Reference Library – England – Oxfordshire Broadband

Remote households get faster broadband

Almost 3,000 remote households and businesses will get access to high-speed broadband thanks to a ?4m boost for Oxfordshire. The funding has come from cost savings made earlier in the roll-out of the Better Broadband for Oxfordshire1 programme and BT making ?2.56m available for reinvestment. Partners say a ‘Gainshare’ mechanism in the contract has been triggered by strong demand for the new fibre technology from local households and businesses.

More than 45% of Oxfordshire households and businesses are already opting to use the new high speed service provided by the Better Broadband programme. This has helped to trigger further reinvestment through Oxfordshire County Council’s partnership with BT, says the local authority. The council also emphasised its commitment to work with communities not yet able to get superfast fibre broadband through any public or private sector roll-out by launching a new scheme.

A separate fund of up to ?600,000 from programme efficiency savings has been set aside for co-funding projects where communities are willing to share the cost of installation work. Under the scheme, the council will contribute up to ?1,700 per premises. Councillor David Bartholomew, whose portfolio includes responsibility for broadband, said it was “great news” for people in some of the county’s harder to reach areas.

He added: “We are continuing to look for cost-effective ways to reach the final four per cent of county premises not yet able to access this important service.

“We hope our co-funding initiative will play an important part in helping Oxfordshire to have the best access to digital services, even in the very rural areas.

“We’ve already had interest from several small eligible communities and are keen to hear from any other communities that might be interested.”

The ?38m Better Broadband for Oxfordshire roll-out is part of the government’s Broadband Delivery UK programme, with extra funding from Oxfordshire Local Enterprise Partnership.


  1. ^ Better Broadband for Oxfordshire (www.betterbroadbandoxfordshire.org.uk)

DUP has formed a coalition with the Conservatives.

Here’s where it stands on major policies

hung parliament1 has led to Theresa May proposing a coalition government with the Democratic Unionist Party (DUP).


The Tories want to join forces with Northern Ireland’s DUP to cross the 326 seat line needed to hold a majority in Parliament. In the election, the DUP won 10 seats, while the Conservatives took 318.

Subscribe to WIRED2

The DUP launched its manifesto on May 313, with leader Arlene Foster setting out the party’s policies. We’ve now added the DUP policies to our manifesto round up below. See where the Democratic Unionist Party stand on WIRED issues and compare them to the policies proposed by the Conservatives, Lib Dems, Labour and the Greens.

DUP manifesto

The DUP’s manifesto for the Westminster election is one of the smaller publications, with 22 pages containing what the party believes in. Unsurprisingly, the party has a large push on the rights of Northern Ireland in the UK political system but in the country it has been responsible for blocking gay marriage4 and supports laws that block abortion5. Here are the party’s other views:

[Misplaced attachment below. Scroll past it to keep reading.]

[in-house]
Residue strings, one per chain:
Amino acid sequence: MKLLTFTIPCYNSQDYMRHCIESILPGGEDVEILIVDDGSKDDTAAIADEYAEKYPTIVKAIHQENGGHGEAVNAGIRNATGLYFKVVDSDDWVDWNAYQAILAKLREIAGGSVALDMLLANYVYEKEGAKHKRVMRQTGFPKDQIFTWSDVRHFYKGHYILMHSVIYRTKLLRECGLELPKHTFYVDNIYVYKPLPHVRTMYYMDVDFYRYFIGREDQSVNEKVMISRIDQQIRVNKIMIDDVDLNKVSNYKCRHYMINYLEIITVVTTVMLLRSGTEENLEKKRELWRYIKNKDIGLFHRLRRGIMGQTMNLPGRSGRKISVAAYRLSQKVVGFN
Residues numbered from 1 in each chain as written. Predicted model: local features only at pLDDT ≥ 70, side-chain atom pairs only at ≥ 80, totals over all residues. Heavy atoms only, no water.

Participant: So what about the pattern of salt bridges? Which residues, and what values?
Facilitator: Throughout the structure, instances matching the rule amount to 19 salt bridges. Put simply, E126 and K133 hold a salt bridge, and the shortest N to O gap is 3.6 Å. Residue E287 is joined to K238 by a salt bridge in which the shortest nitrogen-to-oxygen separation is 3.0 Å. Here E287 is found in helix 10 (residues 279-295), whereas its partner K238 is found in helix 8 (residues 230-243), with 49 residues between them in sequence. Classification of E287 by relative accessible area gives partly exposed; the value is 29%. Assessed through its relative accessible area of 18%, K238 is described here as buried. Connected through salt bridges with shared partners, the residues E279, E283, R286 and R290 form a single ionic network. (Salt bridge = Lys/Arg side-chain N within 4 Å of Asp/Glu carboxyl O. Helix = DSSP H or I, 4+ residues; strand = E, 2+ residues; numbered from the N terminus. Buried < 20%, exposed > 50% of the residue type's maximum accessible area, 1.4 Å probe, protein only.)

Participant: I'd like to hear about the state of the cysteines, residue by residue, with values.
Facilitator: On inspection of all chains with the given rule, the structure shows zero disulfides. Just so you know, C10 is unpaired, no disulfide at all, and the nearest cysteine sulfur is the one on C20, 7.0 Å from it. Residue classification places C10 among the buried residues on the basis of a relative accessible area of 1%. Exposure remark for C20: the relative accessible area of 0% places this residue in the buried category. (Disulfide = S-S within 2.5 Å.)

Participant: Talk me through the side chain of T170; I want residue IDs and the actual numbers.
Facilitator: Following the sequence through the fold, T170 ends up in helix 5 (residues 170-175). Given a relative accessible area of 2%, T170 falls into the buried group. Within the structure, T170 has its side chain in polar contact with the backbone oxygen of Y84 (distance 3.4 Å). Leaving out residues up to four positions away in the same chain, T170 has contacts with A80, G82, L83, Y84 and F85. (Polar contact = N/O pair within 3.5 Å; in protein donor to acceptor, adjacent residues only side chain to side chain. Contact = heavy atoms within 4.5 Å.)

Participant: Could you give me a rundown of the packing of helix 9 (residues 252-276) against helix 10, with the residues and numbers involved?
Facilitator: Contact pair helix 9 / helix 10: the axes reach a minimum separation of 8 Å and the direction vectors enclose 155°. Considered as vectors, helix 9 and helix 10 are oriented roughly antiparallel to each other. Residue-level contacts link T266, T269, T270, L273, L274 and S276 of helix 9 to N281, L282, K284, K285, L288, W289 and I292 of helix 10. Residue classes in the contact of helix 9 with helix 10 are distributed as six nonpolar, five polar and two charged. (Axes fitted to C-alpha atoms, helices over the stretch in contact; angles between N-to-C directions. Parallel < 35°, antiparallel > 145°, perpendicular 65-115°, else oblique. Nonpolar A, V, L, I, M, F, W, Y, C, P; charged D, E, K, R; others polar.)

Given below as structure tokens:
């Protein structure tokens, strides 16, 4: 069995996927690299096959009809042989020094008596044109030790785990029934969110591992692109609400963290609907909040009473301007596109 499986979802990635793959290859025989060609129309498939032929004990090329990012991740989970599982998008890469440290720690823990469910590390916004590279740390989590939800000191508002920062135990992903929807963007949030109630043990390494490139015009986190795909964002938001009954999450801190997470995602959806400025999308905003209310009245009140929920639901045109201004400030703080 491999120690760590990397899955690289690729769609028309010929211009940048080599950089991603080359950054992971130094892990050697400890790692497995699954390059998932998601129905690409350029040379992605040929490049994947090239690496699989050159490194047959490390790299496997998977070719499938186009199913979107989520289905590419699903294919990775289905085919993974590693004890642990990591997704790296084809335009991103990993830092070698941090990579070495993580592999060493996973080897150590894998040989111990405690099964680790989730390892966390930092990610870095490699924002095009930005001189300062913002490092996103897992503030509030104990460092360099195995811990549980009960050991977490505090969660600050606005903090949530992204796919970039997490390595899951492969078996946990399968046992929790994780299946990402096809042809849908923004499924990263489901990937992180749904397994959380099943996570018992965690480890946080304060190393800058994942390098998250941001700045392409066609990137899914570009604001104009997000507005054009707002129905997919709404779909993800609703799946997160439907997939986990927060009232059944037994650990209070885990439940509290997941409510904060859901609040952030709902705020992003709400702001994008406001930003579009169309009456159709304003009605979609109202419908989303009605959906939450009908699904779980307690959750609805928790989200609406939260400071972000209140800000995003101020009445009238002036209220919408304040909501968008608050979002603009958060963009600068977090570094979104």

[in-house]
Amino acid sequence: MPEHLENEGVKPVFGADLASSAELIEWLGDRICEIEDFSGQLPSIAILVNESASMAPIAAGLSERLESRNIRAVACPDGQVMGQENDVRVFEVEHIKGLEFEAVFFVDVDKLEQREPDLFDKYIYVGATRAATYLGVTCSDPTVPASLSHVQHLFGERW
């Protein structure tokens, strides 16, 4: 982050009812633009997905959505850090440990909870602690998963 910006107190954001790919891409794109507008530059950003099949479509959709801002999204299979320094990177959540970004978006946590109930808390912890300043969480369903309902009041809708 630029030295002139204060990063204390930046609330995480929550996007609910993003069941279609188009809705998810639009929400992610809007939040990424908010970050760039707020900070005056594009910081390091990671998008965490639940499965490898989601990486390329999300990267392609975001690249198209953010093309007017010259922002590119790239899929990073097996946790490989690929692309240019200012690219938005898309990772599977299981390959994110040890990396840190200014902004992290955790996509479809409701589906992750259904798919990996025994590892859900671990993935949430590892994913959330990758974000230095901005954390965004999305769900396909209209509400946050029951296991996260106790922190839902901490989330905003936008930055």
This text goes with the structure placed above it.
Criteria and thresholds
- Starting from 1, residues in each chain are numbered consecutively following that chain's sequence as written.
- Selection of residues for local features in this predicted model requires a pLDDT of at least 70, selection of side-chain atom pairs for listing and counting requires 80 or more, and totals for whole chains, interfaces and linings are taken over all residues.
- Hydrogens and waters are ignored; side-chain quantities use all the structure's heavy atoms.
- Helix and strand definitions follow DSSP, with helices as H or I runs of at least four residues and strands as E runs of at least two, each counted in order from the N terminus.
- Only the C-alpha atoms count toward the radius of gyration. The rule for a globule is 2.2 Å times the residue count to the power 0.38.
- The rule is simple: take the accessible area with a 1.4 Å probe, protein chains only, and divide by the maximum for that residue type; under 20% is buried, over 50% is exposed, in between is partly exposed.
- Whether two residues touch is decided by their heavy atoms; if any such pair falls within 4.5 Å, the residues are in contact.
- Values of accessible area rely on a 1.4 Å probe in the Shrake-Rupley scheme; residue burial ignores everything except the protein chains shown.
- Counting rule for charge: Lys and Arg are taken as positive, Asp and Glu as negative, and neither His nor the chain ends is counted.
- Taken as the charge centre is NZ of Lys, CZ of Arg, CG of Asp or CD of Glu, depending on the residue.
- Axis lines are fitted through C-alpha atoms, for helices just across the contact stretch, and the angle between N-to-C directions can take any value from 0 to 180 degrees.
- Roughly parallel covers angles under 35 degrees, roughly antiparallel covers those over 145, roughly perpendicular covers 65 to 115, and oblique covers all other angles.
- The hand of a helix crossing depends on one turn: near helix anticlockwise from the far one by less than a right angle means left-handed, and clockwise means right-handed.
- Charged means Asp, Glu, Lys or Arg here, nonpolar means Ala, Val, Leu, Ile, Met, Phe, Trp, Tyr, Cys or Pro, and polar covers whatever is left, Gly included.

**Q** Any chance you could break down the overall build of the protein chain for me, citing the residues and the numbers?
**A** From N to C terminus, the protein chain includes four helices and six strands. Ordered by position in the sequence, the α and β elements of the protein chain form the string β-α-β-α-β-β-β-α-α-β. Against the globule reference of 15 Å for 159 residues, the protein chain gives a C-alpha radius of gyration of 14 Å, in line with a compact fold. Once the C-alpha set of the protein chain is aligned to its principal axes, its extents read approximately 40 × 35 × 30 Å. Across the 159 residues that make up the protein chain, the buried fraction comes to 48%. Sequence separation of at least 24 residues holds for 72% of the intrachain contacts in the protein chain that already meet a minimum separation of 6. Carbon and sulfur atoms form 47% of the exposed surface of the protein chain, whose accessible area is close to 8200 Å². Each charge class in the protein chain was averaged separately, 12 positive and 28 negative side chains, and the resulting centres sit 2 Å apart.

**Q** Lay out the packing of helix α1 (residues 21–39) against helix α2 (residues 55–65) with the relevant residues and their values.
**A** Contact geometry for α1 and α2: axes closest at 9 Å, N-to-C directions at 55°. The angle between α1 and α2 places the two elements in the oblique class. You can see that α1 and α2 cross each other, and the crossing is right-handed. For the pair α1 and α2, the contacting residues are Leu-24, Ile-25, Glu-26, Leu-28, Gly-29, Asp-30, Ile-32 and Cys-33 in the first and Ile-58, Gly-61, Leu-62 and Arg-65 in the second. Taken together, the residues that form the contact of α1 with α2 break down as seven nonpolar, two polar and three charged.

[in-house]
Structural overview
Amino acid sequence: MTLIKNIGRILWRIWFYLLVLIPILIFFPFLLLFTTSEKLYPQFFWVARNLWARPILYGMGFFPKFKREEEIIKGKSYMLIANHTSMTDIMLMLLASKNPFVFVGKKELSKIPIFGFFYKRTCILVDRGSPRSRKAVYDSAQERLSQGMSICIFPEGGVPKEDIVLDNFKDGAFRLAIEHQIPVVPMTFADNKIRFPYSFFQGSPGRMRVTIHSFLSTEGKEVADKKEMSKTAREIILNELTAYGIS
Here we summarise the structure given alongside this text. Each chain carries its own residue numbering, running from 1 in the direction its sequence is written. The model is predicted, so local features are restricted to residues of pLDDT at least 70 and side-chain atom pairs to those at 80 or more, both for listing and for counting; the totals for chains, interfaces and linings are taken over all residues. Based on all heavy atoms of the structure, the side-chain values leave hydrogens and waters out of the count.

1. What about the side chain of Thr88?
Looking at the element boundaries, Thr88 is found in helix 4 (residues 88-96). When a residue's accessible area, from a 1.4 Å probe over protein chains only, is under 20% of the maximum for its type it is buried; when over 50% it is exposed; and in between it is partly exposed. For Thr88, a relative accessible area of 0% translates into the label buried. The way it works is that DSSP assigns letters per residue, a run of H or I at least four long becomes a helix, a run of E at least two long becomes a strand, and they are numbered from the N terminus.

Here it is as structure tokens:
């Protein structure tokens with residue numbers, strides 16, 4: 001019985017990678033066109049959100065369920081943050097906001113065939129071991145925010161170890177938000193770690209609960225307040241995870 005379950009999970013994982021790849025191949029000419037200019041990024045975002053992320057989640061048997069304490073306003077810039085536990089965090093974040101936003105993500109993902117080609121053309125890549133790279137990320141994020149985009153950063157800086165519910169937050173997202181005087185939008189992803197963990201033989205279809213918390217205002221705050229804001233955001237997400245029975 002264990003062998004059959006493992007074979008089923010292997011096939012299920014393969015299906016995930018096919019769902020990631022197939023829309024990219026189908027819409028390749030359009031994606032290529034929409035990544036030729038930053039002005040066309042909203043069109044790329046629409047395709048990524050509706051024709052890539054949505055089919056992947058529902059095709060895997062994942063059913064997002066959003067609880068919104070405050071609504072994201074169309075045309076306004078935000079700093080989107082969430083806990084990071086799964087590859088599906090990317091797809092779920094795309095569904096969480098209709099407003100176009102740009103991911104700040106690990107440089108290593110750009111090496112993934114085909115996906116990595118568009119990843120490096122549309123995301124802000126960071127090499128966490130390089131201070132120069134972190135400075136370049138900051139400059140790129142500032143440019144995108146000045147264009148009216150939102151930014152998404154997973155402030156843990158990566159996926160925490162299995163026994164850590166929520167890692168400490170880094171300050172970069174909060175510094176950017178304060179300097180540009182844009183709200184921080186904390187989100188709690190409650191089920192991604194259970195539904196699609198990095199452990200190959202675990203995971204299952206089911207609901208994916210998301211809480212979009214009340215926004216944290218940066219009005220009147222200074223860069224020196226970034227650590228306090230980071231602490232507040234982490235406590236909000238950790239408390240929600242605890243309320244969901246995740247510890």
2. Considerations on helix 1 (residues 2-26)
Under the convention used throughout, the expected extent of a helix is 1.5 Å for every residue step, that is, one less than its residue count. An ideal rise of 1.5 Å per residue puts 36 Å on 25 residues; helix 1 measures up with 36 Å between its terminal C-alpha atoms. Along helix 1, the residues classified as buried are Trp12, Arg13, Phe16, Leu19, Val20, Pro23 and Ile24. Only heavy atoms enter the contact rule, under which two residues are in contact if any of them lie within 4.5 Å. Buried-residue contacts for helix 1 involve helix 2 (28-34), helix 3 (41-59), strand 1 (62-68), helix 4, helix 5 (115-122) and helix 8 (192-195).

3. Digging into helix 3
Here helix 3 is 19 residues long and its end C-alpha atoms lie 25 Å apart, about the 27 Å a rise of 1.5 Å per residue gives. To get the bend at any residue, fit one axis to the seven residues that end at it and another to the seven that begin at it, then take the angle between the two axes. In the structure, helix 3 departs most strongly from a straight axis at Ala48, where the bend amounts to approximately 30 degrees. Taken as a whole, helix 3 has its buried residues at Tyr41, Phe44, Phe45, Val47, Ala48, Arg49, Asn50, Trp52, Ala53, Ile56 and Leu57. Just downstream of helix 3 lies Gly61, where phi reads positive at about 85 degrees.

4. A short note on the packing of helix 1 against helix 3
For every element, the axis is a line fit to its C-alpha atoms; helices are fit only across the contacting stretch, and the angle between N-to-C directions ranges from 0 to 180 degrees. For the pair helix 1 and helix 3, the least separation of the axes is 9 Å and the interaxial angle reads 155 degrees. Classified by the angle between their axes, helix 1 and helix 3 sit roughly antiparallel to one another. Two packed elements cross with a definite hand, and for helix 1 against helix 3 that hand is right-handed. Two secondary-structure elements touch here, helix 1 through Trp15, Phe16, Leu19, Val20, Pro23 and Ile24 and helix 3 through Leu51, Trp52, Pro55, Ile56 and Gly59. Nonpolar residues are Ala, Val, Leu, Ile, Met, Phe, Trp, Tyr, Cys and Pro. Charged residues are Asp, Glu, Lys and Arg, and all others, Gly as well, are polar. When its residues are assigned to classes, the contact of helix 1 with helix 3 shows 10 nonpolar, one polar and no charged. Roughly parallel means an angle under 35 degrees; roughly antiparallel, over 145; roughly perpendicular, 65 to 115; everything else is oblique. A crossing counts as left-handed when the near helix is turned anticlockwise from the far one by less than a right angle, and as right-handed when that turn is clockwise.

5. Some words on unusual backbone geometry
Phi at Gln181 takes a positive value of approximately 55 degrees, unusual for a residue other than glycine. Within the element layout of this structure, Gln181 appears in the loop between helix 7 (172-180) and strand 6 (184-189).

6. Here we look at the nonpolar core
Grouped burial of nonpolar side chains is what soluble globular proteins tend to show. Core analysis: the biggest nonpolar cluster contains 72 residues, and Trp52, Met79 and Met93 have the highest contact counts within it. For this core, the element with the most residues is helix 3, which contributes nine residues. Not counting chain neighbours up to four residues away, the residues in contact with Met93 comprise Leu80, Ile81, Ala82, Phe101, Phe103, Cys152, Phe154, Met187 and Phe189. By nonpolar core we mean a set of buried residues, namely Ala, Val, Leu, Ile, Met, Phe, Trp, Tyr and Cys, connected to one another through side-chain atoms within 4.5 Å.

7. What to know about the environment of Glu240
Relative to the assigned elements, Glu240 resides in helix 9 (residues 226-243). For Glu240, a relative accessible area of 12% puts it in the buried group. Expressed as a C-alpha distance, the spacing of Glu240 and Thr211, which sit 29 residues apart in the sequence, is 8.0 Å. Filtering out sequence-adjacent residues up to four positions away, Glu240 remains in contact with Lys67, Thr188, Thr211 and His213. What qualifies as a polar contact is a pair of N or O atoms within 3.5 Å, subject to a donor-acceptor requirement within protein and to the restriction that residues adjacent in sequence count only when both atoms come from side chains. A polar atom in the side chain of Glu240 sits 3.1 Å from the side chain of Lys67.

Licence fee: The DUP party calls the BBC licence fee a “highly regressive tax” and is in favour of removing it (page 9).


Education: DUP promises: “A digital skills revolution in our schools, colleges and universities
to enable young people to become digital citizens, digital workers
and digital makers, ready for the modern economy” (page 13). Broadband and mobile signal: A “comprehensive” broadband plan will be introduced to increase the number of people that have access to high-speed web connections. The manifesto also says it will push telecoms companies to increase 4G signals for smartphones and also invest in 5G technology (page 13). Crime: “An increased focus on cybercrime” (page 15). It adds it will help to increase the cybersecurity research happening in the country (page 17).


Innovation: The DUP says a Northern Ireland Industrial Strategy should help accelerate innovation and research. It highlights the country’s strengths in cybersecurity and advanced engineering (page 10). Government: It says a “more digital government” will be created in Northern Ireland (page 14).

Conservative Party Manifesto

manifesto here6. This is what’s included:


Digital charter: A new digital charter will be created to focus on business development and making the UK a safe place to be online. There will be “at least one” new institute of technology (page 77). A regulatory framework will be created to ensure the internet is regulated (page 82). There will also be discussions to create “an international legal framework” about how the internet should be regulated (83).

New products: There will be more spent on research and development. This is to help develop batteries and electric vehicles. This funding will keep the 2.4 per cent GDP as set out by the Organisation for Economic Co-operation and Development (OECD) and aims to raise this amount to three per cent in 10 years. (page 19). Transport: “Almost every car and van” will be zero-emission by 2050 and there will be ?600 million to make this possible. The Conservatives say they will invest in more low-emission buses as part of this pledge (page 24).

Cybercrime: There will be a new infrastructure police force created consisting of existing transport police and nuclear staff to “bolster the response to cyber threats” (page 44). Person tracking:”We will implement satellite tracking for every foreign national offender subject to an outstanding deportation order or deportation proceedings” (page 44). Broadband and mobile coverage: Switching between services will be easier and simpler and, by 2020, every home and business will have high-speed broadband.